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Bing Cherry Sorbetto

Sometimes, life is just a bowl of cherries.

Sometimes, it’s just the pits!

And, when it’s the pits, one thing that always makes me feel so much better is some cool, refreshing, fruity cherry sorbetto.

When I was a little girl in New York, one of the best parts of summer was when the Italian bakeries up and down Morris Park [1] threw open their storefront windows and set up their Italian ice stands.  It was special because the bakers only served up these frosty sweet treats during the few months between Memorial Day and Labor Day.

The Italian ices that I grew up with were nothing like the icy, crunchy snow cones that you might be thinking of.  Nor did they have the slightly finer, but still crystalline texture of a granita.   Instead, they were soft, silky smooth and bursting with fresh fruit flavor.  Slurping one down after a hot, gritty day of running around with my amiche was pure bliss!

Back then, an Italian ice served in a white paper pastry cup would set you back around twenty-five cents.  I don’t know what they cost now, but it doesn’t really matter because they’re nonexistent down here in my neck of the woods.   You can find a packaged product that purports to be Italian ice in the ice cream freezer at most supermarkets, but trust me – it’s not the same thing. 

After the grueling week I had here in SGCC-Land, I decided that I deserved a little treat.  Since we’re in the throes of cherry season, my market has an abundant supply of deep, dark, plump and juicy Bing cherries.  I adore fresh cherries!  Whenever I buy some, I always tell myself that I’m going to make something fabulous with them.  Unfortunately, most of the time they don’t last long enough.  This time, however, I was determined to recreate one of the simple pleasures of my youth and made this Bing Cherry Sorbetto.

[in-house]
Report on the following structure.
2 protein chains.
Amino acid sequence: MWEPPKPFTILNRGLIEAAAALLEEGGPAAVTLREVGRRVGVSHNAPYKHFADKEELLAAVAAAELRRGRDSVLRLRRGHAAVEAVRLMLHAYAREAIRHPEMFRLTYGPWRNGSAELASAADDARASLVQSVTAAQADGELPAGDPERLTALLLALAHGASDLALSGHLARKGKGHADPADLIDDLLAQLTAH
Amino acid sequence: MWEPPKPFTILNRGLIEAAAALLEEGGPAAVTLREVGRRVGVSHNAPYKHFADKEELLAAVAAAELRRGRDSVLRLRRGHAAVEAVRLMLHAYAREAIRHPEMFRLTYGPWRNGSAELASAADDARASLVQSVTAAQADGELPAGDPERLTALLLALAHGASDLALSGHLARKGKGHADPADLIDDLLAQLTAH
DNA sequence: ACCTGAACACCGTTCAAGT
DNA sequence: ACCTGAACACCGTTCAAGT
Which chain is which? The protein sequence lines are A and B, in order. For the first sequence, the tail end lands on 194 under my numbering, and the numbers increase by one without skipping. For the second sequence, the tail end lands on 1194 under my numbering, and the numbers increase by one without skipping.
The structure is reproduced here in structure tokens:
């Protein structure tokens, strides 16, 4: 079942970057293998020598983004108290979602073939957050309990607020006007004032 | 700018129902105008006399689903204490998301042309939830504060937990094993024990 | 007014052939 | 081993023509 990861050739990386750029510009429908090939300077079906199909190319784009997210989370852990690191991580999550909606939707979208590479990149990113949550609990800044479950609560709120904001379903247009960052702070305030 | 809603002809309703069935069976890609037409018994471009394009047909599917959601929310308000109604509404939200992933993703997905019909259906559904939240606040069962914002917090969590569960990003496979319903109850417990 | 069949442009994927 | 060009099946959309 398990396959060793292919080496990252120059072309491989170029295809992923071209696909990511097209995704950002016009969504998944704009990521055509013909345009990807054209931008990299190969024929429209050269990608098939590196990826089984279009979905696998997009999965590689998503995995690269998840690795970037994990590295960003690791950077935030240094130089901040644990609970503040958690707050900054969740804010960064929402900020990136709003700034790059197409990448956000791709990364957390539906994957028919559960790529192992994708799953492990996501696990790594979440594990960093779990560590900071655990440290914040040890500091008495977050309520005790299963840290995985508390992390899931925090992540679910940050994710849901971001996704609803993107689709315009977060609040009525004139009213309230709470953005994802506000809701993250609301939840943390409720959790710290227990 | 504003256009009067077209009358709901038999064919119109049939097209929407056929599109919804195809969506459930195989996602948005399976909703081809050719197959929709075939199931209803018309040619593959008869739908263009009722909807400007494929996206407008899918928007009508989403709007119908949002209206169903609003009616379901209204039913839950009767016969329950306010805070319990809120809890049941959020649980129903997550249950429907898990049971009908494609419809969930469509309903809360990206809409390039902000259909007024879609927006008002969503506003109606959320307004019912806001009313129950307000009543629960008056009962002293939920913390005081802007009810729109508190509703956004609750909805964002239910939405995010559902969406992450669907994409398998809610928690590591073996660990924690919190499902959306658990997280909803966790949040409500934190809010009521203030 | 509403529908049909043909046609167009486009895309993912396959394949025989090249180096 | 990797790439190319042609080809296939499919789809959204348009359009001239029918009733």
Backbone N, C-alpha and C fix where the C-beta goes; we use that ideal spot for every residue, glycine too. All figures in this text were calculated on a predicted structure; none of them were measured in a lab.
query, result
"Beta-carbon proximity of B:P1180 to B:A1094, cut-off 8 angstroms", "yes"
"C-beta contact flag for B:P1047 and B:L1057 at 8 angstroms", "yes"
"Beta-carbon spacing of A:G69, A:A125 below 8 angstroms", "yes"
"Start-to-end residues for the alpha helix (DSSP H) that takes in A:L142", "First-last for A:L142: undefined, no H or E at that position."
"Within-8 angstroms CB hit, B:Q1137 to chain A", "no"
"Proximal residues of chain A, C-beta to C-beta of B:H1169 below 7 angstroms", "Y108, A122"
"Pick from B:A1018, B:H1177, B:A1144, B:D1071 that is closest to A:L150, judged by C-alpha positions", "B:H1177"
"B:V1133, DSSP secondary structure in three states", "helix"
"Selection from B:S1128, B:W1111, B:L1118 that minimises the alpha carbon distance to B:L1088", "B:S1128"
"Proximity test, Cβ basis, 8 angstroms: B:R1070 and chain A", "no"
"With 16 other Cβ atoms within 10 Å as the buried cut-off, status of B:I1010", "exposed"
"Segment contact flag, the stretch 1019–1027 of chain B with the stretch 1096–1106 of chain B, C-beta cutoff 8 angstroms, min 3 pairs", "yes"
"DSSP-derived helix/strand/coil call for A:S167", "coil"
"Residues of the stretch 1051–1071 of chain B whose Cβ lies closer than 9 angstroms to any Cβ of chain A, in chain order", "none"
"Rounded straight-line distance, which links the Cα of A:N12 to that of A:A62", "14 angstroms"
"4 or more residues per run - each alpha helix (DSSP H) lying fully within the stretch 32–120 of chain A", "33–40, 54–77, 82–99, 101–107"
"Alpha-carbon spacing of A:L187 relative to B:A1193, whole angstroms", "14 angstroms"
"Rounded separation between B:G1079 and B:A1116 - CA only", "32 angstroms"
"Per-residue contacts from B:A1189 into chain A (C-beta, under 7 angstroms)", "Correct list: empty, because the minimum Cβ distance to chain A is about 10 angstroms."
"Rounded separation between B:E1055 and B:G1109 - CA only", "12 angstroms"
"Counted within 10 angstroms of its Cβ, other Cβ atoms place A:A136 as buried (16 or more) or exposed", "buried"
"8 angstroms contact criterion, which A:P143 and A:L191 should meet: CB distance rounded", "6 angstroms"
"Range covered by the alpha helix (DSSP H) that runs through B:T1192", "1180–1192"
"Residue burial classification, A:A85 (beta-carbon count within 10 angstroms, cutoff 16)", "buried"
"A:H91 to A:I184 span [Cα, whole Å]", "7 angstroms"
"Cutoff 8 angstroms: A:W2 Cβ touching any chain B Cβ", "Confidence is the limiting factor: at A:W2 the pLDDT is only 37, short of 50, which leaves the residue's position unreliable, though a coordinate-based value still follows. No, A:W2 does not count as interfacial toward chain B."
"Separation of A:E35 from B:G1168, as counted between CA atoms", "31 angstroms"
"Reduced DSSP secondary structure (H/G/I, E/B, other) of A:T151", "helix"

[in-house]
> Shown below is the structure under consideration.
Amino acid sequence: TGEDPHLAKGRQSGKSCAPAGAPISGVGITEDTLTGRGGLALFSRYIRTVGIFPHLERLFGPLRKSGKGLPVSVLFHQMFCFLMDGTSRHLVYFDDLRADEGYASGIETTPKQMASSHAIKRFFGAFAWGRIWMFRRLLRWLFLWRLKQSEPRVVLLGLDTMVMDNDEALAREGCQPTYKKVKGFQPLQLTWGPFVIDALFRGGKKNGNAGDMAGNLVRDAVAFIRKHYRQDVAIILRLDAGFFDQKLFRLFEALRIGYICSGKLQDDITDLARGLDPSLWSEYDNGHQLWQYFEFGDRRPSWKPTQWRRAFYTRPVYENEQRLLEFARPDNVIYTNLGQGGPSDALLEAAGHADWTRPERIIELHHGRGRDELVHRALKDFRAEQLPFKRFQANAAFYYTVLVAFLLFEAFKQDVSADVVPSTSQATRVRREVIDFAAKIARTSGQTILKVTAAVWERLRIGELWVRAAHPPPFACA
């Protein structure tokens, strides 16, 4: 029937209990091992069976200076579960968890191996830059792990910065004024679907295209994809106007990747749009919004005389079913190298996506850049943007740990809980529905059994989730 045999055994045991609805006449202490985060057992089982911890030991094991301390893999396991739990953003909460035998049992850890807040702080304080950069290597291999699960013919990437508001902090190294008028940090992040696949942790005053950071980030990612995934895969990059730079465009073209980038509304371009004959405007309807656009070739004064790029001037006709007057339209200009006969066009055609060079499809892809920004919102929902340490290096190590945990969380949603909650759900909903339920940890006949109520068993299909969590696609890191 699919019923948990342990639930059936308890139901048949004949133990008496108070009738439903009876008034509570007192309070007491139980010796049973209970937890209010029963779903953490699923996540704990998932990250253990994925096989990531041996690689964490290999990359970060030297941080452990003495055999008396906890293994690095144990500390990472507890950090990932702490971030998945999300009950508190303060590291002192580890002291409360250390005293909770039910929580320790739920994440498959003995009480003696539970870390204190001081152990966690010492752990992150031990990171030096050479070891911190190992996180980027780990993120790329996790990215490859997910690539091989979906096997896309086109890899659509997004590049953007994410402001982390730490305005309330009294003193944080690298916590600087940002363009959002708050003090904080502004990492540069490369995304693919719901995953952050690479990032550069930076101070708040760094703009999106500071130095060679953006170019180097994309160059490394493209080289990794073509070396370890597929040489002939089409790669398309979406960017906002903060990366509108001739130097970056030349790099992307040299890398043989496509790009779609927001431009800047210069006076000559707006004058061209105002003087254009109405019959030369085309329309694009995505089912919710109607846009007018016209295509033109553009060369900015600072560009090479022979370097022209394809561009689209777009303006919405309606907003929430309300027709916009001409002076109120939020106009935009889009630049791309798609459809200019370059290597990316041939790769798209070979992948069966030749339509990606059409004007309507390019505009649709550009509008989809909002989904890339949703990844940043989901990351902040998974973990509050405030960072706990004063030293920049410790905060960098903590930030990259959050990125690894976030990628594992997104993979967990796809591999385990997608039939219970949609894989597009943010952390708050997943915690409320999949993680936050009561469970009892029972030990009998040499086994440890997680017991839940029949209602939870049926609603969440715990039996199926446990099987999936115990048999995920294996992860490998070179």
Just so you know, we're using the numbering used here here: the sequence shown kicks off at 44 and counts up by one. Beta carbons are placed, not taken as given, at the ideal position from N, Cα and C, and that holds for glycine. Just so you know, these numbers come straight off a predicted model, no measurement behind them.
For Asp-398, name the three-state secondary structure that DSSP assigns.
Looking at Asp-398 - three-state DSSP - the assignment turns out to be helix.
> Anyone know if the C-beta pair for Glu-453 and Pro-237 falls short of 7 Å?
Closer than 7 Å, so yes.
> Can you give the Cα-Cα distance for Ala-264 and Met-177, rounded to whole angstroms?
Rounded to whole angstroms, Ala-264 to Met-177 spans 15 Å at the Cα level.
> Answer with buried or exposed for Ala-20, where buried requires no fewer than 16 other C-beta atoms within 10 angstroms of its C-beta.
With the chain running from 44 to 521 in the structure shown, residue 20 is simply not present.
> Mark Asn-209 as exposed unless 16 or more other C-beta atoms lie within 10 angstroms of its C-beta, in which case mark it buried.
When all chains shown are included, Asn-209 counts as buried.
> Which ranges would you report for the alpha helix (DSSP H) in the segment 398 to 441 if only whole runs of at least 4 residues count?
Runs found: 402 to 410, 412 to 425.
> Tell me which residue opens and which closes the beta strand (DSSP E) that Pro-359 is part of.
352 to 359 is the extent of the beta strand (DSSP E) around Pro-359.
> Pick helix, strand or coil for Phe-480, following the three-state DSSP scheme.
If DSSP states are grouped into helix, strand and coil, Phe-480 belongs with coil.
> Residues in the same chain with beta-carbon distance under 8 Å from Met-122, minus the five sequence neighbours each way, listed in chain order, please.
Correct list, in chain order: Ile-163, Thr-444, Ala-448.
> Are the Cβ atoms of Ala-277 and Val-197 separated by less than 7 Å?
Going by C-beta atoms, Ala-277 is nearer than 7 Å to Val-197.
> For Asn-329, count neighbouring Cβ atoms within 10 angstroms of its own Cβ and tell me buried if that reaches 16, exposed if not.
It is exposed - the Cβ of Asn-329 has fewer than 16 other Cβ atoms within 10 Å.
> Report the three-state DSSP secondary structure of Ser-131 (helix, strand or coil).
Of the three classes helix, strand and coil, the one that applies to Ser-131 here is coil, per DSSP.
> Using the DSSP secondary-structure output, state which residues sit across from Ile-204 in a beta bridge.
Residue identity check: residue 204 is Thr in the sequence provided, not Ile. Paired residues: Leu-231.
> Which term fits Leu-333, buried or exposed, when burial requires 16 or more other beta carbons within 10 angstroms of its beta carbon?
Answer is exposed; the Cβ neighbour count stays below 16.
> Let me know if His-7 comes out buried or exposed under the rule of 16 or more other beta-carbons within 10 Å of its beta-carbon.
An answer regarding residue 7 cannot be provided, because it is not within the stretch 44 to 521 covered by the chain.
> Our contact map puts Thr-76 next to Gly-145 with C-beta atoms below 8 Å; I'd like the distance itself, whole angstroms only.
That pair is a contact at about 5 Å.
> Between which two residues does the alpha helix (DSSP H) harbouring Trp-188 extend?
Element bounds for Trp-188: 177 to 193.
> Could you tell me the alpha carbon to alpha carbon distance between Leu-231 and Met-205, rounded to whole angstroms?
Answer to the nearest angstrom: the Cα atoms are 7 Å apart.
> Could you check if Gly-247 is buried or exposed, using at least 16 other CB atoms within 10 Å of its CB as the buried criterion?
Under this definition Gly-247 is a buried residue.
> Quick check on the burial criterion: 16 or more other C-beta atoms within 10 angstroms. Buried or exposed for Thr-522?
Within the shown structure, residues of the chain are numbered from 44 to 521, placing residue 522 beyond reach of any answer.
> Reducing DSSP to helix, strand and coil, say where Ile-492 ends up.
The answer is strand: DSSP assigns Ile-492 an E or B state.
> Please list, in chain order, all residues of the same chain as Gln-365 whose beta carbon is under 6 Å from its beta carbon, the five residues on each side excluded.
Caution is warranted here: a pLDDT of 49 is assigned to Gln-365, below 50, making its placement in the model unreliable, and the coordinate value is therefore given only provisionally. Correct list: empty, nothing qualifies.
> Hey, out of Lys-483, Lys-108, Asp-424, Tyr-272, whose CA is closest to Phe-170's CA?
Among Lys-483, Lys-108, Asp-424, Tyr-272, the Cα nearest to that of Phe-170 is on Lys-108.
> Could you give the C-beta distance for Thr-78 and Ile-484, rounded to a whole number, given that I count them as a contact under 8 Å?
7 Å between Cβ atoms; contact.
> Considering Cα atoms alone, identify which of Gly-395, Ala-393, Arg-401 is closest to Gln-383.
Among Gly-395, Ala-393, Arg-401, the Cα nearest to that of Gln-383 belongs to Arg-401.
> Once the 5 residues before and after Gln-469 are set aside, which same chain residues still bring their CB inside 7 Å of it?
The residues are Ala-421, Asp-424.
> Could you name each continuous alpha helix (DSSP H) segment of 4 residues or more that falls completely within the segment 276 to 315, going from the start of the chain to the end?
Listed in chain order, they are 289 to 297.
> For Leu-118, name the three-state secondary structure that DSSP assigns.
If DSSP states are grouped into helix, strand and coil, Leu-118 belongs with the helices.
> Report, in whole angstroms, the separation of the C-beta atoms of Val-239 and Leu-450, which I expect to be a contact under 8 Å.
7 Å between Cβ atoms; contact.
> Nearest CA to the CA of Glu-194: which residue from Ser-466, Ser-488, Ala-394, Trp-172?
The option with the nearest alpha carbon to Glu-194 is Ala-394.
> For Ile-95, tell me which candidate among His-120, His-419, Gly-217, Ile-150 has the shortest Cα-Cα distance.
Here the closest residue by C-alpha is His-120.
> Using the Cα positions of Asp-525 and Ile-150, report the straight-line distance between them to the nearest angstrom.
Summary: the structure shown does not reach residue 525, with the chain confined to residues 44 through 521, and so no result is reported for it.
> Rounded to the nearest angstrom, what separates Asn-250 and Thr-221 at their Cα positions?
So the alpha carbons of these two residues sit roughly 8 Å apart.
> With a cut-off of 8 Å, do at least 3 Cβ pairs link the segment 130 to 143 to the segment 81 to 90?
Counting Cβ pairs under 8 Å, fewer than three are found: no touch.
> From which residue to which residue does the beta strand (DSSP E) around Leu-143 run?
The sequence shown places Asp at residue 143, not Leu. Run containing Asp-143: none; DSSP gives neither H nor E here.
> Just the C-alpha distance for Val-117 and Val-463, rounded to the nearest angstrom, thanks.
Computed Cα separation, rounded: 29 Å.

In my opinion, making a sorbetto is much easier than making ice cream.  A simple syrup of water and sugar, some lemon or lime juice and maybe a splash of liqueur are added to pureed fruit, chilled and then churned in an ice cream maker.  If you want your sorbetto to be super smooth, you can strain it through a sieve, but if you don’t mind a few small chunks of fruit, it isn’t necessary.  However, in order to get the proper texture, you  really should use an ice cream machine.

The most tedious part of making this sorbetto is pitting the cherries. Although, if you have a handy, dandy cherry pitter like this one, it’s actually kind of fun. That is Mr. SGCC’s hand demonstrating the cherry pitter. My hand is much more dainty and delicate.  Plus, I don’t have hairy knuckles.  Just sayin’

Have you ever tried to take photos with a wild and crazy, teething puppy under foot?  It isn’t easy!  Bella’s idea of “helping” is running around through the legs of my tripod and biting it to bits.  Of course, she tries to bite everything to bits these days.  I’ve already had one camera casualty thanks to her.  Luckily, it wasn’t my DSLR. If she wasn’t so cute, she’d be in big trouble!

By the way, sorbetto is the Italian name for sorbet. It’s purely semantics.  You can call it whichever you like.  I’m calling it delicious.

Bing Cherry Sorbetto


1 1/2 cups granulated sugar
1 cup water
2 pounds fresh Bing cherries, pitted
2 tablespoons fresh lemon juice
1/2 teaspoon kirshwasser or cherry brandy (optional)


Make a simple syrup by combining the sugar and water together in a small saucepan.  Bring to a boil and continue to boil until until all sugar has dissolved and the liquid is slightly thickened, about 5 minutes.  Set aside to cool.

Whizz the cherries in a blender or food processor until well pureed.  Strain through a fine mesh sieve into a bowl.  Stir in 1 cup of the cooled simple syrup, the lemon juice and the kirshwasser, if using.  If you like it sweeter, add more syrup. If you like it more tart, add more lemon juice.  Chill for several hours or overnight.

Transfer the cherry mixture to the bowl of an ice cream machine and churn according to the manufacturer’s instructions.  When done, place in a freezer safe container and freeze until the sorbet has reached the desired consistency.